LETTER: Government clings to outdated ideologies, not IRR
Patricia de Lille’s constant emphasis on land is misleading
Contrary to Patricia de Lille’s unfounded accusations against the Institute of Race Relations it is the government that keeps clinging to outdated ideologies — and so keeps rehashing the Expropriation Bill in the same unconstitutional form (“Land issue can do without bad analysis as Expropriation Bill is up to the task”, November 8).
The government’s intention has long been to prevent the courts from ruling on either compensation or the validity of expropriations. The 2008 and 2013 versions of the bill were overt in ousting the jurisdiction of the courts.
The 2020 update at least gives the expropriated owner a paper right to litigate on both. But the bill also allows a municipality to proceed with an expropriation — by taking both ownership and possession — long before the owner’s objections can be brought before the courts.
People already reeling from the loss of their key assets will mostly find it too costly and difficult to litigate. And especially so when the bill increases the risks of failure by saddling them with the burden of proof.
De Lille claims the problems with the bill have been “addressed”, as prominent legal experts have advised. But the unconstitutionality of the measure remains clearly apparent, whereas the IRR’s alternative is directly in line with what section 25 says.
De Lille’s constant emphasis on land is misleading too. Since the bill defines “property” as “not limited to land”, it will empower government to expropriate far more than farms for little or no compensation.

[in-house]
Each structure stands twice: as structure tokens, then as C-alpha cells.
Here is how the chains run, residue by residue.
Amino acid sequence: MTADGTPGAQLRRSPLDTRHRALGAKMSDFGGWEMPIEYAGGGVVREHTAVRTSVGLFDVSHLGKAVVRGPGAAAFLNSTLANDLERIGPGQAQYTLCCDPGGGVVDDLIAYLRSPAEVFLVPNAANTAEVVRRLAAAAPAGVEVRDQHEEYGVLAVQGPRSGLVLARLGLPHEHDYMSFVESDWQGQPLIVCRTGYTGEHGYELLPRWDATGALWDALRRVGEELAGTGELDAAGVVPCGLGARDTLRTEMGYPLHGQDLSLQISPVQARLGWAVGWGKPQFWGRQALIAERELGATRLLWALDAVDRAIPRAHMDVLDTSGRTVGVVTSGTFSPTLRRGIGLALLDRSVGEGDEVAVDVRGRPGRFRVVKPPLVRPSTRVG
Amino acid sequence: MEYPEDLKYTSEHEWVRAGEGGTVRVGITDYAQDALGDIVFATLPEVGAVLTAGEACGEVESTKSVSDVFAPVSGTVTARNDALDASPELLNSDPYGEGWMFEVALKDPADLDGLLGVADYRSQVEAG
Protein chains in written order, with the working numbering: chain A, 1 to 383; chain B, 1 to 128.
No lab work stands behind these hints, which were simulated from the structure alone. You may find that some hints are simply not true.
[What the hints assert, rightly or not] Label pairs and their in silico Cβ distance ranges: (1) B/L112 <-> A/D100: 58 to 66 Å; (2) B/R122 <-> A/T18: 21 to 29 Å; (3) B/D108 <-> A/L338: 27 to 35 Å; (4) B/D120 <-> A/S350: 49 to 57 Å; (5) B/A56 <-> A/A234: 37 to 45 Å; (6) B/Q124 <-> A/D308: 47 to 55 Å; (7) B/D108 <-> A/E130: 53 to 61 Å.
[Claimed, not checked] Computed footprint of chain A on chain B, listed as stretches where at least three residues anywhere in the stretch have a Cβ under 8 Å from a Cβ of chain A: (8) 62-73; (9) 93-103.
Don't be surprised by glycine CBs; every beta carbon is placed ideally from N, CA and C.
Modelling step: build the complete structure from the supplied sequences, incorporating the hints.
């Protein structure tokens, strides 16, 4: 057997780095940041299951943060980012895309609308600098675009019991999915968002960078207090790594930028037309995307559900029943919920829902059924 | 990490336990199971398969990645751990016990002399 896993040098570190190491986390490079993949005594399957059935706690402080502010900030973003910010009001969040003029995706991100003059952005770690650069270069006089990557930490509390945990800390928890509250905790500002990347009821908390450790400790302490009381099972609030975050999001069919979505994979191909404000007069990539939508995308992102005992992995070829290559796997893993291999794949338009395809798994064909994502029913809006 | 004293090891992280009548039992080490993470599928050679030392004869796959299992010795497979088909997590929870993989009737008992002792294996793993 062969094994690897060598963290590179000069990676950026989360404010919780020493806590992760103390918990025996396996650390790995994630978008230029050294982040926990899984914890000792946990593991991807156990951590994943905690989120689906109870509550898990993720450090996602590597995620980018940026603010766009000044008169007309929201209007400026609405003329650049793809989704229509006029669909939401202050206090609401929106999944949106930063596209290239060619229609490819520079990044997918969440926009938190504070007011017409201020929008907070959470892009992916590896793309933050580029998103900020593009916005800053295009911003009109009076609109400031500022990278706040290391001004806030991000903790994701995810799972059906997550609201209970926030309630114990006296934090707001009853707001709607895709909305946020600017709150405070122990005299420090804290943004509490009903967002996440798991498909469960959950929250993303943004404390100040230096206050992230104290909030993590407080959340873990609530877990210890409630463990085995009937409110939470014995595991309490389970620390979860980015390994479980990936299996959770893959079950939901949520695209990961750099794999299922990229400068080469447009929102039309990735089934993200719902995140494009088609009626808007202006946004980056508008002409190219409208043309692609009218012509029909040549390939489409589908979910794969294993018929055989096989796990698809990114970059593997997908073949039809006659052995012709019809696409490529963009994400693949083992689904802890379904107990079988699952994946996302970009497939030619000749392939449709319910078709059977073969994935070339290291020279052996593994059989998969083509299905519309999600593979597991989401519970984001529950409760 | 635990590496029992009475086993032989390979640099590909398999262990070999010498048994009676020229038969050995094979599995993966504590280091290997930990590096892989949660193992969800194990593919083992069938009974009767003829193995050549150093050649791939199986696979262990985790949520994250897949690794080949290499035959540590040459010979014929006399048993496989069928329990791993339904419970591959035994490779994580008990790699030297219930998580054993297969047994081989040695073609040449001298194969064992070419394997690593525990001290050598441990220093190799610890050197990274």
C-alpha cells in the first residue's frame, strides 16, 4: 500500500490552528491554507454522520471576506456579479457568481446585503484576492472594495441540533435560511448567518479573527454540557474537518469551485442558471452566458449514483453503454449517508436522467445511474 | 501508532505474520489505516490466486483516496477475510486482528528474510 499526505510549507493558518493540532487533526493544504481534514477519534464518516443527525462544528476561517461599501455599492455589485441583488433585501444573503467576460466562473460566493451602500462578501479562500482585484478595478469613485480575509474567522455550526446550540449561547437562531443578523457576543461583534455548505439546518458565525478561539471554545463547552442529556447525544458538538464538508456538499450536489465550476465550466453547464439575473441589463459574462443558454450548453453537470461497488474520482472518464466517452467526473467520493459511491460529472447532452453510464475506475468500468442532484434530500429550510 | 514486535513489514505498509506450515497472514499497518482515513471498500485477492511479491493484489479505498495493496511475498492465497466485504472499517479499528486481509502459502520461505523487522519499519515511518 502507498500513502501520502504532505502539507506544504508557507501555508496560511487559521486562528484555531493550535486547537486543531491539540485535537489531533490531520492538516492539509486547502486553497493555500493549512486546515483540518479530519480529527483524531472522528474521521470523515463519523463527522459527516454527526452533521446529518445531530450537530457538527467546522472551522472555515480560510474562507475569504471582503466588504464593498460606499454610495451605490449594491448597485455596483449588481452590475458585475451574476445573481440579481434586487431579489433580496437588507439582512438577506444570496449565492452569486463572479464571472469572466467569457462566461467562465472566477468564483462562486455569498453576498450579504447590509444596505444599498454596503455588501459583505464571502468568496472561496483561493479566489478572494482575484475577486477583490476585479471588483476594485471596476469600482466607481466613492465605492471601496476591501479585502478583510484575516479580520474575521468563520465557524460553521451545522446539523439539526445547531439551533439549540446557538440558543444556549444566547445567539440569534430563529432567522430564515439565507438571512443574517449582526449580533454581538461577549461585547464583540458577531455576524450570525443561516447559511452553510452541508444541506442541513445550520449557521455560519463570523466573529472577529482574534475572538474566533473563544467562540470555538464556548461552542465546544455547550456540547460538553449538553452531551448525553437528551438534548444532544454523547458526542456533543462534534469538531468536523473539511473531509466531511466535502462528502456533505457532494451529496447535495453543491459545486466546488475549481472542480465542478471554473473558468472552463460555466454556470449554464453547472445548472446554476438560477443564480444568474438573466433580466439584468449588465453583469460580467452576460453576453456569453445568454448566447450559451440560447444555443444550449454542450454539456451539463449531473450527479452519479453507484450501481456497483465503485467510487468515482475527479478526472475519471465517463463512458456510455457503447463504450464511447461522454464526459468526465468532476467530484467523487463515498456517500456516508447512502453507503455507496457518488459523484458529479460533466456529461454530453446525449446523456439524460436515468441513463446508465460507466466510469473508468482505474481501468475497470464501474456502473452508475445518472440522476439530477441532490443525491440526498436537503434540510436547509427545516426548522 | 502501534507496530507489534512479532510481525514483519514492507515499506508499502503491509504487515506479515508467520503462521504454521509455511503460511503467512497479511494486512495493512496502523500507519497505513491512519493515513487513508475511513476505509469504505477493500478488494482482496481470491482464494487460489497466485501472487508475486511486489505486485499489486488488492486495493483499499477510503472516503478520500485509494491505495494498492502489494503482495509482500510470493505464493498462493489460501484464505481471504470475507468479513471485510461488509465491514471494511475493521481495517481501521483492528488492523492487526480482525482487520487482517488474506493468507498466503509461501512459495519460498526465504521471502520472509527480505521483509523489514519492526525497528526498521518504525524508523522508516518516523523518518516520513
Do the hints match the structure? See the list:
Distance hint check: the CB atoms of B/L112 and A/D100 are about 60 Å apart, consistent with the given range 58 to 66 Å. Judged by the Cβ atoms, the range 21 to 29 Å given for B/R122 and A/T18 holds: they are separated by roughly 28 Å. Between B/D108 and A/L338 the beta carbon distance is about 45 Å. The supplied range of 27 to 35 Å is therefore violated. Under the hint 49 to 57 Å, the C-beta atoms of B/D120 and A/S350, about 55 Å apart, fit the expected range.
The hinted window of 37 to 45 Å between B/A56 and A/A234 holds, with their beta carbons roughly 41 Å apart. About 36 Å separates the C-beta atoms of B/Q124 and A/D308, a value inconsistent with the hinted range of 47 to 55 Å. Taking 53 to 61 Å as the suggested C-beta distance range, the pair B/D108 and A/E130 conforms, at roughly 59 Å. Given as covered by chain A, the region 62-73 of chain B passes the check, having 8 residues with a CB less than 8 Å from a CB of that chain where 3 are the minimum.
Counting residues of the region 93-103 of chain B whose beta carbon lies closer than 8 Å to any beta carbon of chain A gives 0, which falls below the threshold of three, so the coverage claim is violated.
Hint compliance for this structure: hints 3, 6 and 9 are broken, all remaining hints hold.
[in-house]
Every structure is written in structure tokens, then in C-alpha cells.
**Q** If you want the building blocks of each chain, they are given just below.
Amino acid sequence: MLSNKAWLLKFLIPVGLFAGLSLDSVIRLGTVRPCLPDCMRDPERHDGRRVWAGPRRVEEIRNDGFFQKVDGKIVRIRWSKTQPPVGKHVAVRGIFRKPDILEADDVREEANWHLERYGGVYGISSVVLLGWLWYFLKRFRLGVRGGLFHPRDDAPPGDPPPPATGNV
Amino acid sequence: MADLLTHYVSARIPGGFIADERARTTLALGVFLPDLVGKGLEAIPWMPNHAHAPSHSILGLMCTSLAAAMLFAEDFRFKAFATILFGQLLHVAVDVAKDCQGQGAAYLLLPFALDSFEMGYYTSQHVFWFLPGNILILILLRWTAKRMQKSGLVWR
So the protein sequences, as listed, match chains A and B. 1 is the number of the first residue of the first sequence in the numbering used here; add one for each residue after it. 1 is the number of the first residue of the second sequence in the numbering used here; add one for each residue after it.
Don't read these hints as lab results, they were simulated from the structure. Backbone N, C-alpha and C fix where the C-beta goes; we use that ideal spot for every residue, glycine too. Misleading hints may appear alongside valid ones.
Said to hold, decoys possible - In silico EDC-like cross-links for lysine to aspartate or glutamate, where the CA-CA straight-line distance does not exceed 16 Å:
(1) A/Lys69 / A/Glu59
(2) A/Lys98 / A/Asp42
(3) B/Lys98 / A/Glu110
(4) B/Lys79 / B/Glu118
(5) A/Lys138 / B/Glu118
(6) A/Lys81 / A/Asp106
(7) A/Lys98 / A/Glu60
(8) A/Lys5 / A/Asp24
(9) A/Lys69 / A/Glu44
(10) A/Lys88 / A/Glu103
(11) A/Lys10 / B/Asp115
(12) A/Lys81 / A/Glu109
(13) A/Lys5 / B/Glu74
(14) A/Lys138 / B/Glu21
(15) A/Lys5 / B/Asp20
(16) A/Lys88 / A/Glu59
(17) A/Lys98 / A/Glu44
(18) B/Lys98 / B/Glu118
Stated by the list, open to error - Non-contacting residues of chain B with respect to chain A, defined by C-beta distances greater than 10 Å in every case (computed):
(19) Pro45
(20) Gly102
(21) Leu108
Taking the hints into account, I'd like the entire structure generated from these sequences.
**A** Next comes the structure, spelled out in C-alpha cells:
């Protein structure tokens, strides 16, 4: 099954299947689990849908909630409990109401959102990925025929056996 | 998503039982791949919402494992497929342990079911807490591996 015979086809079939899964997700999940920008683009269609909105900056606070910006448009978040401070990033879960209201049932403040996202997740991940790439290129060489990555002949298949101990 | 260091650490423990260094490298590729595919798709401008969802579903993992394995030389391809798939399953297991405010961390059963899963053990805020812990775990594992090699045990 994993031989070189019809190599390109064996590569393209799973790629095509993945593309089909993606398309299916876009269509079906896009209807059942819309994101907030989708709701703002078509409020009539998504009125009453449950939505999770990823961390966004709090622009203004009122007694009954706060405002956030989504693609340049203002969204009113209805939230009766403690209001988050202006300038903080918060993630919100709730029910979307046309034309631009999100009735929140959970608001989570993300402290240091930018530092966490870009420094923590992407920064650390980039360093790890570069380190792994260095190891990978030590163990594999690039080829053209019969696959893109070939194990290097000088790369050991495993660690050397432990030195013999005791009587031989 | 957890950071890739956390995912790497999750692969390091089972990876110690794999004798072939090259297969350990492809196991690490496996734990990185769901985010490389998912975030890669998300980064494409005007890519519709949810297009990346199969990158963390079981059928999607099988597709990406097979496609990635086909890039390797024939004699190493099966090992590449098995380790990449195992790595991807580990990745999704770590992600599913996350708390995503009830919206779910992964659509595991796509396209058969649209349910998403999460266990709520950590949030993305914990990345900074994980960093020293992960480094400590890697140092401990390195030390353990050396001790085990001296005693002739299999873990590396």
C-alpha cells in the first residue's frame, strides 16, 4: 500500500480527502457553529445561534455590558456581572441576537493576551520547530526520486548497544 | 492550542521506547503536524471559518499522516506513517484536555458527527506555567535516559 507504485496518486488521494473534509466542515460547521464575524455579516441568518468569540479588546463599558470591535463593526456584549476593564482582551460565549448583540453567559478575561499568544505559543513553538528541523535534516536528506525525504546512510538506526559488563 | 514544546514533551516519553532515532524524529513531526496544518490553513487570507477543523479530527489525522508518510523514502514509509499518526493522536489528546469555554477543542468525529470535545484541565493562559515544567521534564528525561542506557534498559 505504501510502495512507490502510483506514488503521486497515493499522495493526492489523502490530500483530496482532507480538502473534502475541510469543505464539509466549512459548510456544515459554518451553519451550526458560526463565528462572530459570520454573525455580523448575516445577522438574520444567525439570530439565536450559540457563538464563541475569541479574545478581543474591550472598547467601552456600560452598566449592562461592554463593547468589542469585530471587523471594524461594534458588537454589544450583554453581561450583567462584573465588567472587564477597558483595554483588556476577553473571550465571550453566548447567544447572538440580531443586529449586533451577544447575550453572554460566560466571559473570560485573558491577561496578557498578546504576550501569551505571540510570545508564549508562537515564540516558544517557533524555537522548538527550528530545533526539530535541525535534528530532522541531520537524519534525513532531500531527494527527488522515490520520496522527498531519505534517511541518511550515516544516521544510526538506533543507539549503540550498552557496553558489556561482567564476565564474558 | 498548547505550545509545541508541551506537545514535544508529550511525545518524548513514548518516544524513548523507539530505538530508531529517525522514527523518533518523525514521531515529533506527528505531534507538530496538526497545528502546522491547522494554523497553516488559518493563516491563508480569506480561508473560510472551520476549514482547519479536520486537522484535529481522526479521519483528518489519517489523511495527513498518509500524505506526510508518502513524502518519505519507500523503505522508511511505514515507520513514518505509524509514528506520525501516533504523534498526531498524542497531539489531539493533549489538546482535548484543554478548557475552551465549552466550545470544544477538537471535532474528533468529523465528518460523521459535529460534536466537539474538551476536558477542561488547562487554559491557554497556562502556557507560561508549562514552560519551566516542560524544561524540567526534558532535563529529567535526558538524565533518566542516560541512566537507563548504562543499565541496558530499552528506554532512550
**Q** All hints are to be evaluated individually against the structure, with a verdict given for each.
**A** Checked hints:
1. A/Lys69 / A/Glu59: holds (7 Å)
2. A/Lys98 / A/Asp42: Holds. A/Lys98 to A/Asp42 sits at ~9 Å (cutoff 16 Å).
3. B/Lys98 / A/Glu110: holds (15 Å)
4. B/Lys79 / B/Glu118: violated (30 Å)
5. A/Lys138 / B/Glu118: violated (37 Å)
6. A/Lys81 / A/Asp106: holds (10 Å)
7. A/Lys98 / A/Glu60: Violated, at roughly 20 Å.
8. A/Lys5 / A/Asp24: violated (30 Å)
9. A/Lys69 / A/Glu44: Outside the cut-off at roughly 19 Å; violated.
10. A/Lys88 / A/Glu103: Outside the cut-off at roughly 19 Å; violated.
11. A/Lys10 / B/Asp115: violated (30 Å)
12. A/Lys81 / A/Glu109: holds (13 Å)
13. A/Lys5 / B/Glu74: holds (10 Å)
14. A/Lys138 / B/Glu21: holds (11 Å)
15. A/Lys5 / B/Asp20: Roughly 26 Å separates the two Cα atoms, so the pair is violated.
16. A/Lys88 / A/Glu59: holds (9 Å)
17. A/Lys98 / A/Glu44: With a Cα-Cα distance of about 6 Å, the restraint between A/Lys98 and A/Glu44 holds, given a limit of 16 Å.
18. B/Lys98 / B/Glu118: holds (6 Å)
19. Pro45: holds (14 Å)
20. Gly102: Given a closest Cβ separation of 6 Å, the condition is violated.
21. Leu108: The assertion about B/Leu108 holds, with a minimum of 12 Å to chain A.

Homes, business premises, pension rights, mining rights and shares will all be vulnerable. The bill could thus be used to sanction the expropriation — for far less than market value — of all privately owned shares in the SA Reserve Bank, for instance.
Though land reform is what De Lille insists on playing up, ANC opinion polls show this issue ranks 13th on people’s list of priorities. This makes it all the more absurd for De Lille to claim that there is “no more time” to adopt a better and constitutionally compliant bill.
Property rights are too important to be dismissed so cavalierly. South Africans deserve a law that makes it easier for them to defend their vital assets, rather than one making it inordinately easy for the state to seize them.
Dr Anthea Jeffery
Institute of Race Relations
JOIN THE DISCUSSION: Send us an e-mail with your comments. Letters of more than 300 words will be edited for length. Send your letter by e-mail to email@example.com. Anonymous correspondence will not be published. Writers should include a daytime telephone number.
Would you like to comment on this article or view other readers' comments?
Register (it’s quick and free) or sign in now.
Please read our Comment Policy before commenting.